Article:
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These FTSE 250 shares have fallen 50%+! Here’s why I’m a buyer

After recent market declines, some FTSE 250 shares are now trading at levels not seen since the financial crisis. This could be an excellent opportunity to snap up shares in these businesses at a discount price.

With that in mind, here are two FTSE 250 shares that have fallen 50% and could make attractive investments.

FTSE 250 shares offer value

Shares in pub group J D Wetherspoon (LSE: JDW) have taken a hammering over the past two weeks. Investors are rightly worried about the impact the Covid-19 outbreak will have on trade across the group.

These worries have proven to be well-founded. Towards the end of last week, the company cancelled its dividend and informed investors that said sales dropped significantly after the government asked people to avoid pubs, restaurants and theatres to curb the spread of the virus.

Nevertheless, the group also stated that it has enough financial liquidity to maintain operations.

Over the past few years, Wetherspoon’s has been reducing debt and buying out the freeholders of its properties to reduce spending on leases. This puts the company in a great financial position to weather the storm.

And when the market does recover, Wetherspoon’s should roar back. The company’s low-priced offering appeals to customers in tough economic times. It looks as if we’re heading for those right now.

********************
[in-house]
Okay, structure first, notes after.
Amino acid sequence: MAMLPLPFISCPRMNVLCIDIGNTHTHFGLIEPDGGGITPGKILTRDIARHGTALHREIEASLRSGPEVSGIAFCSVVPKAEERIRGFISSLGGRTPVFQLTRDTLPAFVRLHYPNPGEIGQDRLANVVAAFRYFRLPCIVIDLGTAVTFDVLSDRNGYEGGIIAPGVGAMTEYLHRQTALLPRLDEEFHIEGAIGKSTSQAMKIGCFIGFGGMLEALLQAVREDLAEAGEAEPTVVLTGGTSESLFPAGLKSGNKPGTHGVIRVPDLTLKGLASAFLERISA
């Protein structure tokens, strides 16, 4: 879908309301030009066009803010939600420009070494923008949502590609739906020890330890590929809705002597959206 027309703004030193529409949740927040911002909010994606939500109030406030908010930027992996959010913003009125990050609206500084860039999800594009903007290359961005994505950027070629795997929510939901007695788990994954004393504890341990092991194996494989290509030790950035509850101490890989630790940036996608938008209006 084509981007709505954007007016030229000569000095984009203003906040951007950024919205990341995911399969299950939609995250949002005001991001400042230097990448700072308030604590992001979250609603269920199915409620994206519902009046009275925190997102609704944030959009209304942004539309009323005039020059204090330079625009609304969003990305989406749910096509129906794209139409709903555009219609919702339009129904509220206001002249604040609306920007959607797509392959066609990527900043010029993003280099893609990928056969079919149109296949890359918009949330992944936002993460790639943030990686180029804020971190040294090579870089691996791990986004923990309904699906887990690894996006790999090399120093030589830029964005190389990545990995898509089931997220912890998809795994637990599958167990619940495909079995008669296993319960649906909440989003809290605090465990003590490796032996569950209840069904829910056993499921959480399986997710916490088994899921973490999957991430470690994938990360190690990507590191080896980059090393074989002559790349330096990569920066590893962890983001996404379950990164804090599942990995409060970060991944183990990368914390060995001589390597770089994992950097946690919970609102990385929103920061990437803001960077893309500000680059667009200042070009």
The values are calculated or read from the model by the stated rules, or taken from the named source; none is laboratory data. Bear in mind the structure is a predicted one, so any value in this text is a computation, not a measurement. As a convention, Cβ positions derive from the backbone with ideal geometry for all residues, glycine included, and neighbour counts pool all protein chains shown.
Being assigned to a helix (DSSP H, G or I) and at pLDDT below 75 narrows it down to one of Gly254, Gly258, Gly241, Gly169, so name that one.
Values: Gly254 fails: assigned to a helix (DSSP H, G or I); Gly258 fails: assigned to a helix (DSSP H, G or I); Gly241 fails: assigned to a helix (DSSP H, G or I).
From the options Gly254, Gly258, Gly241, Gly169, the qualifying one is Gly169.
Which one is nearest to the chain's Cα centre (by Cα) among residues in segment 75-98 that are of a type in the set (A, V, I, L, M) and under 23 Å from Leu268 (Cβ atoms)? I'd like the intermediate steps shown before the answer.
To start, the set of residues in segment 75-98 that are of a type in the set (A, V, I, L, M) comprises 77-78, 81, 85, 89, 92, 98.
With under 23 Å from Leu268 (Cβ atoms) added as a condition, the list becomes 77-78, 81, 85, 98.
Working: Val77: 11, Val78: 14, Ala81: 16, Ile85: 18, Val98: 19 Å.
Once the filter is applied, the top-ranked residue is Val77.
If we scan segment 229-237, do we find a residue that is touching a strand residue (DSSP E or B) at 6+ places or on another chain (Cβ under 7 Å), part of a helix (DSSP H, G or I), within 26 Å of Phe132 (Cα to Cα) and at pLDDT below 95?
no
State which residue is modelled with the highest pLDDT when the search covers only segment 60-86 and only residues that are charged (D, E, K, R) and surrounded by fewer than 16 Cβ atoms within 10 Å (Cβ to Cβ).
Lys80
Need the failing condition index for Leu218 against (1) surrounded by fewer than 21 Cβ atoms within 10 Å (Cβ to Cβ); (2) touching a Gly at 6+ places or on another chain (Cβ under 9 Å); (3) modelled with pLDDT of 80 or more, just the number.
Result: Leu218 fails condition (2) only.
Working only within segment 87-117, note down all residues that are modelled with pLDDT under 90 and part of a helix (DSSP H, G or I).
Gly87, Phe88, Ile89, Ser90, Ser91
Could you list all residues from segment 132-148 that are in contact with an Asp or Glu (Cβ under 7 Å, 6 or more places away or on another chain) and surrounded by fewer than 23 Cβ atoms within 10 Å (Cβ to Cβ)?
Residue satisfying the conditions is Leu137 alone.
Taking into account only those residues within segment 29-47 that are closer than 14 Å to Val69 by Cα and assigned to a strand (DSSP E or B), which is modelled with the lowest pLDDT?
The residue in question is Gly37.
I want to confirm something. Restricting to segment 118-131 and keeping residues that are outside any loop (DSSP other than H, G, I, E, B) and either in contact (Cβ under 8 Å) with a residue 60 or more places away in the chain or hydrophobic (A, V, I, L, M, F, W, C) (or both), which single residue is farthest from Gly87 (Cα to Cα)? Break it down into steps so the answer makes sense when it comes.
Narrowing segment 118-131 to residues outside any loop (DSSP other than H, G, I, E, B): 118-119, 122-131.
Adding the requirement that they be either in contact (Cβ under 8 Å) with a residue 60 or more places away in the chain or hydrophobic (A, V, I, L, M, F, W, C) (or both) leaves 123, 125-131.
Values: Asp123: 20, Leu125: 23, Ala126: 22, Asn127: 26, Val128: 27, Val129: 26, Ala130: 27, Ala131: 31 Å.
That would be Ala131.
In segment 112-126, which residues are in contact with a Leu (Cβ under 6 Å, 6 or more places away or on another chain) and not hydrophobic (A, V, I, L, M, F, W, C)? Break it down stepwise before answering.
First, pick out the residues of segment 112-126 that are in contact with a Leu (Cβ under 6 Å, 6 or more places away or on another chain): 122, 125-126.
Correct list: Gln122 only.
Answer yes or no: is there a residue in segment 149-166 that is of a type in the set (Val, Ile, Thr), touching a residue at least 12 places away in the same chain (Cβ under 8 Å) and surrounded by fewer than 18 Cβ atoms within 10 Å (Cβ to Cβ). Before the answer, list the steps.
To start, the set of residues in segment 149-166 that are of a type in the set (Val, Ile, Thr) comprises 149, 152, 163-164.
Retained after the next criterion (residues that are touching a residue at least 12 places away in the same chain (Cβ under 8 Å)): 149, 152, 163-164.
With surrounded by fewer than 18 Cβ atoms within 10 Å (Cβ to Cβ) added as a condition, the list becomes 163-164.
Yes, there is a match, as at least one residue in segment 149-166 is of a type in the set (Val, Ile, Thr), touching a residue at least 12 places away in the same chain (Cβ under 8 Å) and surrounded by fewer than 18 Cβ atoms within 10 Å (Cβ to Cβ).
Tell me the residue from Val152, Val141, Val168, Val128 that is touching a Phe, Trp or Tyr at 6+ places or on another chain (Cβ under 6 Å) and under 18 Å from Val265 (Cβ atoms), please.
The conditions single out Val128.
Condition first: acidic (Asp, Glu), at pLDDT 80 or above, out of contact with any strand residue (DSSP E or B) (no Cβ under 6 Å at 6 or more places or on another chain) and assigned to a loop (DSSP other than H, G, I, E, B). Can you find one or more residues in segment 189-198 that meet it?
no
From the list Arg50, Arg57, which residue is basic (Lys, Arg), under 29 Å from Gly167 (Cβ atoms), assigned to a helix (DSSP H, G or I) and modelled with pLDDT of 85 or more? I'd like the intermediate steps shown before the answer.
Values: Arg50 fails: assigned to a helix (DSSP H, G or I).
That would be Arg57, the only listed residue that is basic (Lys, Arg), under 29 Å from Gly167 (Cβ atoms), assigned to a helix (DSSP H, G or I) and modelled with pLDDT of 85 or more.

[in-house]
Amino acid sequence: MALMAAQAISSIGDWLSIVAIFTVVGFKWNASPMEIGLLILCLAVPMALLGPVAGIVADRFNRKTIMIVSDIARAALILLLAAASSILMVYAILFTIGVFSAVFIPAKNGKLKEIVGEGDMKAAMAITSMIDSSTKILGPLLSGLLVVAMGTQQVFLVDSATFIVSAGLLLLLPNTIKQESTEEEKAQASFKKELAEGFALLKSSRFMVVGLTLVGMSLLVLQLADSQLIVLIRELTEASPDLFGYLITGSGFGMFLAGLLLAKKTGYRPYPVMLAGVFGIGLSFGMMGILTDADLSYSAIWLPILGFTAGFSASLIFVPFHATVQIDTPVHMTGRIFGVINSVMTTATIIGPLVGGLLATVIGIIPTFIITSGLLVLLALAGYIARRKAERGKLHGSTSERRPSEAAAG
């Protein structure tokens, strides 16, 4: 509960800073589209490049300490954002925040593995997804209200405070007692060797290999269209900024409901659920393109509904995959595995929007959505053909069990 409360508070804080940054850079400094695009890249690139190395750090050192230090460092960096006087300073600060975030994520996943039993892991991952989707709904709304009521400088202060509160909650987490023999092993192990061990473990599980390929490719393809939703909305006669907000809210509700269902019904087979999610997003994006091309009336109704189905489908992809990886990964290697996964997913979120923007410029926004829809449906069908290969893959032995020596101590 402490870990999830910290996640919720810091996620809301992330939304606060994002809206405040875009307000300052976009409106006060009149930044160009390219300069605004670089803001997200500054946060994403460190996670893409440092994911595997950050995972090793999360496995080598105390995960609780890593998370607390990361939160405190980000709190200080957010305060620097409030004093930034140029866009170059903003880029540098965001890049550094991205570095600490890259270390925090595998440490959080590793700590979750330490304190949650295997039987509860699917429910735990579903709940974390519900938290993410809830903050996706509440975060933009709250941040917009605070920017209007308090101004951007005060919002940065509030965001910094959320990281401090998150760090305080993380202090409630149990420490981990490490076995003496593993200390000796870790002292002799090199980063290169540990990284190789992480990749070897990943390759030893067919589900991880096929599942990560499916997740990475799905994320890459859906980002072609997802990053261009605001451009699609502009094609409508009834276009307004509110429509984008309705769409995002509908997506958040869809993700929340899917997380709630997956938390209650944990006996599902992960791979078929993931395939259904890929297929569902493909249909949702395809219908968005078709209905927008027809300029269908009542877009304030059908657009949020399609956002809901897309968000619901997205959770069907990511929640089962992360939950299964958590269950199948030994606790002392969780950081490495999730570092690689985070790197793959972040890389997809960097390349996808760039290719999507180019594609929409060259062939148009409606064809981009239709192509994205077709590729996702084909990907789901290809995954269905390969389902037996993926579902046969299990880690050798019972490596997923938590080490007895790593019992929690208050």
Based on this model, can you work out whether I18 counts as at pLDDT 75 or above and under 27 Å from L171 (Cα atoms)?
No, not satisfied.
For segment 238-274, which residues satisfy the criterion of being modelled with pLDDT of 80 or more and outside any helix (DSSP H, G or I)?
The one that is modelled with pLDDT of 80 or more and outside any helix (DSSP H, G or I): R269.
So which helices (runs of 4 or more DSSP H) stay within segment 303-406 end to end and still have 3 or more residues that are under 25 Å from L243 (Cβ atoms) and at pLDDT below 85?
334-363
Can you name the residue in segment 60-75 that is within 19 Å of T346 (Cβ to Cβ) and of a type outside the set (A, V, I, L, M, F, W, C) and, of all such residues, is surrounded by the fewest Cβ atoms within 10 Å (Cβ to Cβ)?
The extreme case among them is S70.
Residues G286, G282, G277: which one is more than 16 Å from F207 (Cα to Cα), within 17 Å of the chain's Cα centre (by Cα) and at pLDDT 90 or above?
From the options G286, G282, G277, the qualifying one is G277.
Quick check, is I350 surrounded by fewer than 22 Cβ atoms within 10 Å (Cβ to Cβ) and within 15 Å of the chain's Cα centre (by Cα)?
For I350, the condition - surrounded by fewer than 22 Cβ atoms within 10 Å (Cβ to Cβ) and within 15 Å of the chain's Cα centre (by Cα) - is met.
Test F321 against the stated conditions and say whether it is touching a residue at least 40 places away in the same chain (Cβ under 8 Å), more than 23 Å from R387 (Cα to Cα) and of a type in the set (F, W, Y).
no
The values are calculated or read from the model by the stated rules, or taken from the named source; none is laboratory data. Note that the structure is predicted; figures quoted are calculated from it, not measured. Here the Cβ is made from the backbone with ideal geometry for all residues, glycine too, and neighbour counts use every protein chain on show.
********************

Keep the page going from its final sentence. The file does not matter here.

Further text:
When the company’s earnings recover the level reported in 2019, the stock could more than double from current levels. That’s based on the fact that the stock has previously commanded a price-to-earnings multiple in the mid-teens.

As such, the risk/reward ratio of buying the stock at current levels appears attractive.

Deep discount

Another hospitality stock that looks deeply undervalued at current levels is Marston’s (LSE: MARS).

Like Wetherspoon’s, Marston’s also owns a lot of property, but the market seems to be overlooking this fact.

Right now, the stock is trading at just 30% of book value. This figure suggests the business could be worth 200% more than its current market capitalisation if it was broken up and sold. That does not make much sense, which is why it looks as if this is one of the cheapest FTSE 250 shares out there.

It is true that, like Wetherspoon’s, Marston’s is also suffering from a decline in trade.

Nevertheless, the company’s strong balance sheet, as well as a reputation among customers, should help it make a quick recovery when the economy eventually returns to normal.

When it does, the business can restore its 7.5p per share dividend. This suggests investors buying today could be in line for a dividend yield of 28.6%.

Put simply, while it looks as if Marston’s is facing much uncertainty in the short term, the company’s long run investment potential is highly attractive.

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Rupert Hargreaves has no position in any of the shares mentioned. The Motley Fool UK has no position in any of the shares mentioned. Views expressed on the companies mentioned in this article are those of the writer and therefore may differ from the official recommendations we make in our subscription services such as Share Advisor, Hidden Winners and Pro. Here at The Motley Fool we believe that considering a diverse range of insights makes us better investors.